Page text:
To what extent are areas of knowledge shaped by their past? Consider with reference to two areas of knowledge.
In an attempt to better understand truth, humans have been developing various knowledge frameworks over centuries. Although we may accept a certain set of knowledge claims in the present, we often build on past developments in order to do so. This raises the question: To what extent have past developments shaped our understanding of current knowledge areas? I will be exploring this question in reference to two areas of knowledge: religious knowledge systems and mathematics.
Religions are based on a set of beliefs which are commonly derived from the teachings of a particular religious founder and outlined in a sacred religious text that acts as an authority on all religious knowledge. These texts and teachings are essentially an artefact of the past as they are based on past events, as recorded by our ancestors. The Koran for example, is a record of the God’s revelations as spoken to Muhammed during his life while the Bible records Jesus’s life and his journey to absolve humans of all sin. Followers of a certain religion have faith that their teachings will not alter from day to day and that is why they obey them. The recording of religious knowledge in scripture means that central beliefs of a religion, such as the noble eightfold path of Buddhism and the Ten Commandants of Christianity, do not alter and this is true even for a religion as diverse and decentralised as Hinduism where the concepts of karma, moksha and the nature of truth have remained the same over large time scales and vastly different geographical locations and cultures. Therefore, it would appear that the central beliefs of each religion, which were conceived through past events, determine much of what is considered to be true in the present.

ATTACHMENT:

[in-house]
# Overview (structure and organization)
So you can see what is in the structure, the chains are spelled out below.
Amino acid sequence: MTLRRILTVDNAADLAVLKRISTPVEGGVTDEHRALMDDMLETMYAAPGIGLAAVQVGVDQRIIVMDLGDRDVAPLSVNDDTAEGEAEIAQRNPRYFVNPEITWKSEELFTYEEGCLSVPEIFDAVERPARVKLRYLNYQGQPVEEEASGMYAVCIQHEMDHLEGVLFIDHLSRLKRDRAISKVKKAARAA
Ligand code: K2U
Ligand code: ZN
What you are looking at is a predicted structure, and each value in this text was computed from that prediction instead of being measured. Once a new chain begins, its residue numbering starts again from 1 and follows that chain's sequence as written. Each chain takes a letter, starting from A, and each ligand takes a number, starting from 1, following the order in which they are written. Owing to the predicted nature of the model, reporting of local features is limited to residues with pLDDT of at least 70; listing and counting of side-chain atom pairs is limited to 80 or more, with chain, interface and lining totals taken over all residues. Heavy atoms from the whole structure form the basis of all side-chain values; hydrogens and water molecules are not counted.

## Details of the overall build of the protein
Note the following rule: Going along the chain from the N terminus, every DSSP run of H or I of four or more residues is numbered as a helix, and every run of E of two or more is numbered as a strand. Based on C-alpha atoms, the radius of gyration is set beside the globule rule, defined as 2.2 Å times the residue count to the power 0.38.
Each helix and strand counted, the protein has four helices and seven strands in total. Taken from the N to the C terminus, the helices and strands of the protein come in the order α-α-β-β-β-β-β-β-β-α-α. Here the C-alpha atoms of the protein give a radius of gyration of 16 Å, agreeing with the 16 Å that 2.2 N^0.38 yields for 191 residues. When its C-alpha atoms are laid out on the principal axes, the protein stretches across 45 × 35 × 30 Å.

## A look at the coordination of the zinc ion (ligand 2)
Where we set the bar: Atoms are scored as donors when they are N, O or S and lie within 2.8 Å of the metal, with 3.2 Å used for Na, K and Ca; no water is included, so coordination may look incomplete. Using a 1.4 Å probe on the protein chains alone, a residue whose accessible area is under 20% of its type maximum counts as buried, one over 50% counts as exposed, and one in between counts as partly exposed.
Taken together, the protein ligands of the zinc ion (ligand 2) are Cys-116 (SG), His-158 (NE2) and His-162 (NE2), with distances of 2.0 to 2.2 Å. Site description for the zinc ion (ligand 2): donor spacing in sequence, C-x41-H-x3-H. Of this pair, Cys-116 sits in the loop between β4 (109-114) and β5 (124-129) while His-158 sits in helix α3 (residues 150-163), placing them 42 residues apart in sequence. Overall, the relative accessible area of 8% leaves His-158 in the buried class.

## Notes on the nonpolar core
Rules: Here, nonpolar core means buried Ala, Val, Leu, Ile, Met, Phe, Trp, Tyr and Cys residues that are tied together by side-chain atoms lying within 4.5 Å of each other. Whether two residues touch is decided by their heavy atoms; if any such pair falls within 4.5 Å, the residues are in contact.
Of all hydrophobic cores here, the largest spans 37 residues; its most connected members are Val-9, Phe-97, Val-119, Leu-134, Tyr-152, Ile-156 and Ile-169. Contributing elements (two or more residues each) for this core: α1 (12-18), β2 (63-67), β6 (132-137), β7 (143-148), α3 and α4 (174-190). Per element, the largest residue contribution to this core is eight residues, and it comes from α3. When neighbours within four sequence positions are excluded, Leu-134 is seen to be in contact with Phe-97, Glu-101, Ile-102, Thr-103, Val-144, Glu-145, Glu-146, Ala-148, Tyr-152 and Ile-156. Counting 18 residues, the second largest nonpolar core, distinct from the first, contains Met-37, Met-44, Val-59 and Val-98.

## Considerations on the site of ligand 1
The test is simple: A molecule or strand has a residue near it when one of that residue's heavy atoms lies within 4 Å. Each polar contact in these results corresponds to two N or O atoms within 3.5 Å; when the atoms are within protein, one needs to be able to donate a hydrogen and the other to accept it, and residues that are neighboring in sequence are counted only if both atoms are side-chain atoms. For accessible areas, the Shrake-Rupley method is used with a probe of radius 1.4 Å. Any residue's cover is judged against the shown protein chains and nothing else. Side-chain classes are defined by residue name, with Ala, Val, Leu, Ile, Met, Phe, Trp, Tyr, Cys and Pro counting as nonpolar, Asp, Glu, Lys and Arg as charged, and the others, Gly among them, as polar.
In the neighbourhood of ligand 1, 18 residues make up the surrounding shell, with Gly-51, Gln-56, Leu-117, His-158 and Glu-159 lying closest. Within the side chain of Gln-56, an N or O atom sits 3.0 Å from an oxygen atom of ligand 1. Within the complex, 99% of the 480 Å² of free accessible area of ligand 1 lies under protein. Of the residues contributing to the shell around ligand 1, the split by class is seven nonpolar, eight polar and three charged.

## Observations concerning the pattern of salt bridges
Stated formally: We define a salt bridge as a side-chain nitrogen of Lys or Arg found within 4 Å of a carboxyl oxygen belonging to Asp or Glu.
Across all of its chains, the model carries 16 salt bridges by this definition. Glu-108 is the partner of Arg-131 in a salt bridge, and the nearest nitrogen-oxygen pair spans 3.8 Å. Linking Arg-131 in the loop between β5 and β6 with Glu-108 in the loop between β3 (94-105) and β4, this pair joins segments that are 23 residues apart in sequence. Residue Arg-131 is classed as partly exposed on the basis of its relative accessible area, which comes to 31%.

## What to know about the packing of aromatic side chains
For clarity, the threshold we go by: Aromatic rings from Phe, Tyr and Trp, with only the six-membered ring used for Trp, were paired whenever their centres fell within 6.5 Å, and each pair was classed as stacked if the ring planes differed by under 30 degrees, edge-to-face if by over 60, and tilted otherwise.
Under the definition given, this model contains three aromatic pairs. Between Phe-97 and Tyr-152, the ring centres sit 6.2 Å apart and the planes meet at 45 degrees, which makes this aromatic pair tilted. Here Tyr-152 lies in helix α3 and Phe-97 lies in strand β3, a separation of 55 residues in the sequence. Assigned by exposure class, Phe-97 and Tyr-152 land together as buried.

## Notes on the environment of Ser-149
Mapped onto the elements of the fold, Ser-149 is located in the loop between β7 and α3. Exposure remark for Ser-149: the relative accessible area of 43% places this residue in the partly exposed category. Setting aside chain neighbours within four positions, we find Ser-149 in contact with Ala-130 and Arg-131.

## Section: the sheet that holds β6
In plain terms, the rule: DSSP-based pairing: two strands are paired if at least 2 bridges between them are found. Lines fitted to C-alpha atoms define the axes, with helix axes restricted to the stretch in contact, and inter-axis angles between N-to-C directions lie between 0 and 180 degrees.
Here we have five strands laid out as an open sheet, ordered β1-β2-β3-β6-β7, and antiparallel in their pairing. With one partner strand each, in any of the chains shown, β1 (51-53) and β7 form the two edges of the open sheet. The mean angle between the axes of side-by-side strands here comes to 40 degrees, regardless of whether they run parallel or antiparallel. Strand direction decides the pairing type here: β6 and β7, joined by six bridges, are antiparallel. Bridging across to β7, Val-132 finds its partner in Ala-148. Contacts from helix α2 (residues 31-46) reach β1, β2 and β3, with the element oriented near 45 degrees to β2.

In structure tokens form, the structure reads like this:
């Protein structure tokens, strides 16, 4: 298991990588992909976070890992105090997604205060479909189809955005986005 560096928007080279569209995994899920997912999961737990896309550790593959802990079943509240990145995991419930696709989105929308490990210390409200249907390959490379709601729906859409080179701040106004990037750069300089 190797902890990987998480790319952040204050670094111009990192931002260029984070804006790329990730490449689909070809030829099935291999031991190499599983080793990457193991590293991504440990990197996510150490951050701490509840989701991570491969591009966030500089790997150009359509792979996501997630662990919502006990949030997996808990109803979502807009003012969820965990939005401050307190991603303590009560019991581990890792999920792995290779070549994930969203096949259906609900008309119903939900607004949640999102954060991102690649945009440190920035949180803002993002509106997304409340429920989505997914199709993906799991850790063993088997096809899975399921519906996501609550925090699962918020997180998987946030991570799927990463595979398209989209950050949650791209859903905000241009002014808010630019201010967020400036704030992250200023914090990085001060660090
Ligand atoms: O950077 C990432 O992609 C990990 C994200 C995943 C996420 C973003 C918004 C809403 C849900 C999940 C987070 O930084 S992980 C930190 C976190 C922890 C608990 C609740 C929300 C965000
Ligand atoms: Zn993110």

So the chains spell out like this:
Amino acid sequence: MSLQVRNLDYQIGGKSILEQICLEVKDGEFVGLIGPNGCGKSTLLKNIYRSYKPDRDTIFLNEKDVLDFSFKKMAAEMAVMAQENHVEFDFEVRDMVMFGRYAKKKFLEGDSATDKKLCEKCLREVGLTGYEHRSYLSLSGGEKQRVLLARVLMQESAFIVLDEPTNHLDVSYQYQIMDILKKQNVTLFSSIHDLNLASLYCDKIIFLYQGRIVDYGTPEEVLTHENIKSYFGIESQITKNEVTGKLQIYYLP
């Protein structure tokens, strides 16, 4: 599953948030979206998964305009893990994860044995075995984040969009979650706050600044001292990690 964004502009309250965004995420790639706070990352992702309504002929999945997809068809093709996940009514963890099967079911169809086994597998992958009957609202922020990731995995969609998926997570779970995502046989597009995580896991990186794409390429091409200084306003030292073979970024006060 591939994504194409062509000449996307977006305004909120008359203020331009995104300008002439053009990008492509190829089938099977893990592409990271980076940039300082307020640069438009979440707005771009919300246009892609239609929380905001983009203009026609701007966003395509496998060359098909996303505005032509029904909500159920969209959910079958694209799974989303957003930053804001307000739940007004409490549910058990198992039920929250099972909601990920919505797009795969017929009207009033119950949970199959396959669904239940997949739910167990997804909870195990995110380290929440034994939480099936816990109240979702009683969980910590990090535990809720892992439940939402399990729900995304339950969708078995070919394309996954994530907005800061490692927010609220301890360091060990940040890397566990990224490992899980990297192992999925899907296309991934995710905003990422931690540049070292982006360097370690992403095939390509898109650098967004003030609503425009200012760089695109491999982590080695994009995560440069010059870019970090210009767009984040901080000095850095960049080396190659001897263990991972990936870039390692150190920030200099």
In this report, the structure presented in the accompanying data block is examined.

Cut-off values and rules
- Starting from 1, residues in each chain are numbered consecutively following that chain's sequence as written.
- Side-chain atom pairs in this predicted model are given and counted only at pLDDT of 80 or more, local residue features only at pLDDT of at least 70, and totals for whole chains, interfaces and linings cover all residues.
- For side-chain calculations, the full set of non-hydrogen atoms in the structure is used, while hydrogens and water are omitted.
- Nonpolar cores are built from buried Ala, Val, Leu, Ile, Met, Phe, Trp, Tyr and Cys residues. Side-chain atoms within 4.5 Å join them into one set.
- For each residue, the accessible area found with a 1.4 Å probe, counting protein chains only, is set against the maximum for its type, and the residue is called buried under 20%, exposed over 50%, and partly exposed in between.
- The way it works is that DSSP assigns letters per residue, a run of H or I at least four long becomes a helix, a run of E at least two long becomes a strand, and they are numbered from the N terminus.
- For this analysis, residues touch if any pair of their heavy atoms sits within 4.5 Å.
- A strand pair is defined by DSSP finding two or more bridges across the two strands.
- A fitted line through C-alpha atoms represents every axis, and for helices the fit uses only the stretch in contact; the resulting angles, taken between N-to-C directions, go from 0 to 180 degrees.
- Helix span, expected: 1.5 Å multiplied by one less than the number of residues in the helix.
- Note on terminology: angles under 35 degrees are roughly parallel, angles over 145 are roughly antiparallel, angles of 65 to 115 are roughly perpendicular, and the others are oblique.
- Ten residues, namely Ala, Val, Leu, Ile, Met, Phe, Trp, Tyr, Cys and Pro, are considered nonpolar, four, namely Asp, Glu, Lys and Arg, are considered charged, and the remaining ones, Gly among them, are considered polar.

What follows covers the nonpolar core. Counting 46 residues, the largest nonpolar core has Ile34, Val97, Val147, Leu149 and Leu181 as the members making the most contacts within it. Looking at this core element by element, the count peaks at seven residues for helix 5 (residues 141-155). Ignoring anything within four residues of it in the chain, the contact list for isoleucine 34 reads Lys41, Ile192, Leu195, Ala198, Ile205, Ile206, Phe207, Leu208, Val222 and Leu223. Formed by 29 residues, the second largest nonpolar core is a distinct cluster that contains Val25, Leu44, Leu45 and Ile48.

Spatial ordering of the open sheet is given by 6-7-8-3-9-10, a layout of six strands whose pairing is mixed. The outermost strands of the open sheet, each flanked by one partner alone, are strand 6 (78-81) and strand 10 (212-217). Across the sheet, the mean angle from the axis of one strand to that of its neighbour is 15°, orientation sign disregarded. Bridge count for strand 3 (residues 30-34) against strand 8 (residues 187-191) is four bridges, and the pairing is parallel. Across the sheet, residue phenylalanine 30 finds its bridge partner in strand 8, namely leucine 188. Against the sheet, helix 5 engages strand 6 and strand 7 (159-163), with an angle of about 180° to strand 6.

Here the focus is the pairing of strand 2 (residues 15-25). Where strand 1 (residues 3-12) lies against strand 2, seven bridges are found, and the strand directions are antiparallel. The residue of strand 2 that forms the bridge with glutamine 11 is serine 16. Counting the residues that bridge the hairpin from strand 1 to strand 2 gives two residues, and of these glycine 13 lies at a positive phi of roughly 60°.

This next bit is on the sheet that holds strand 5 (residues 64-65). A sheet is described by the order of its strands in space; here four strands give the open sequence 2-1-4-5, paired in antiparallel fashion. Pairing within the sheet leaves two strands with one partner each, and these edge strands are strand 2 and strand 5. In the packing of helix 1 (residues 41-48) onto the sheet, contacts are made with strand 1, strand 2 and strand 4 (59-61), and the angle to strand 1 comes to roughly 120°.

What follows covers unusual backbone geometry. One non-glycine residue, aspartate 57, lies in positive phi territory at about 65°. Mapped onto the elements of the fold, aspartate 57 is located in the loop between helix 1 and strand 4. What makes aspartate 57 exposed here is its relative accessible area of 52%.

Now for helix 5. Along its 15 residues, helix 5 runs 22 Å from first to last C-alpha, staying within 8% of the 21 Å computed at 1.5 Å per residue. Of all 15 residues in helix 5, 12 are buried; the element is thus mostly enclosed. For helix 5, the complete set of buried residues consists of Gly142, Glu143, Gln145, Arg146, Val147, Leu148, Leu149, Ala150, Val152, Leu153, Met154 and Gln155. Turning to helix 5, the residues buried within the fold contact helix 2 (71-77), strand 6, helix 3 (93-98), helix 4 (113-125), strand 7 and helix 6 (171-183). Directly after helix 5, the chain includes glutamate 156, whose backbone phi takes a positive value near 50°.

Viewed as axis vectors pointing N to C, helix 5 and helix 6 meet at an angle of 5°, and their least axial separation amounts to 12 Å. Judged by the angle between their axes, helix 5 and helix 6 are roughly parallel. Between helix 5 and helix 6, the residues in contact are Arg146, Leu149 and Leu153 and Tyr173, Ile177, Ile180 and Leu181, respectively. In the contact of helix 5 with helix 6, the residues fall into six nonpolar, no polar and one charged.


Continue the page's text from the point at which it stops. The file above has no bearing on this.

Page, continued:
However, current religious knowledge is not completely determined by religious knowledge of the past because discrepancies in the sharing of this knowledge alter it slightly from generation to generation. Religious texts attempt to convey their beliefs through written language but as language itself evolves over time, the nuances of some ancient phrases and words recede into obscurity. These nuances, although slight, can result in significantly different interpretations of religious beliefs. For example, the sentence “a life for a life, an eye for an eye, a nose for a nose, an ear for an ear, a tooth for a tooth, and for wounds is legal retribution” appears in the Koran. Muslim scholars generally interpret it in light of the rest of the passages in the Koran where Prophet Muhammed distinctly teaches his disciples to forgive those who have done them wrong (known as mustahab), and only when they themselves are morally incapable of doing so, seek compensation or retributive justice that does not exceed the harm caused to them. However, these same verses are interpreted differently by Islamic extremists who claim that the specific words used in this “eye for an eye” passage place an emphasis on a violent path to justice in a wider majority of circumstances and then use this interpretation to justify their many abhorrent attacks on humanity. Alternatively, the original meaning of ancient texts can be preserved by translating it into the modern language of the day but even in this process, the original text is inevitably embedded with the attitudes and ideas of the present. Martin Luther formed several interpretations of the Bible which conflicted with those of the Roman Catholic Church. When he translated the Latin Bible to common German, it was inevitably imprinted with these beliefs, for example, he included the word “alone” after “faith” in Romans 3:28 to convey that faith is the defining way of knowing in Christianity, more so than the law. This translation was criticized by many as altering the message of the Roman Catholic Church (for example, by implying that normal citizens were justified in their actions if they did so in good faith, even if the church authorities deemed it to be wrong) but Luther defended it by claiming that was a necessary part of modern German syntax and, according to his interpretation, it is what St Paul was implying anyway . This edited translation gave rise to Lutheranism and influenced many branches of Christianity, including Protestantism. Thus, changing interpretations of the same text due to the evolution of language or deliberate translations inevitably result in changes to previously accepted religious beliefs.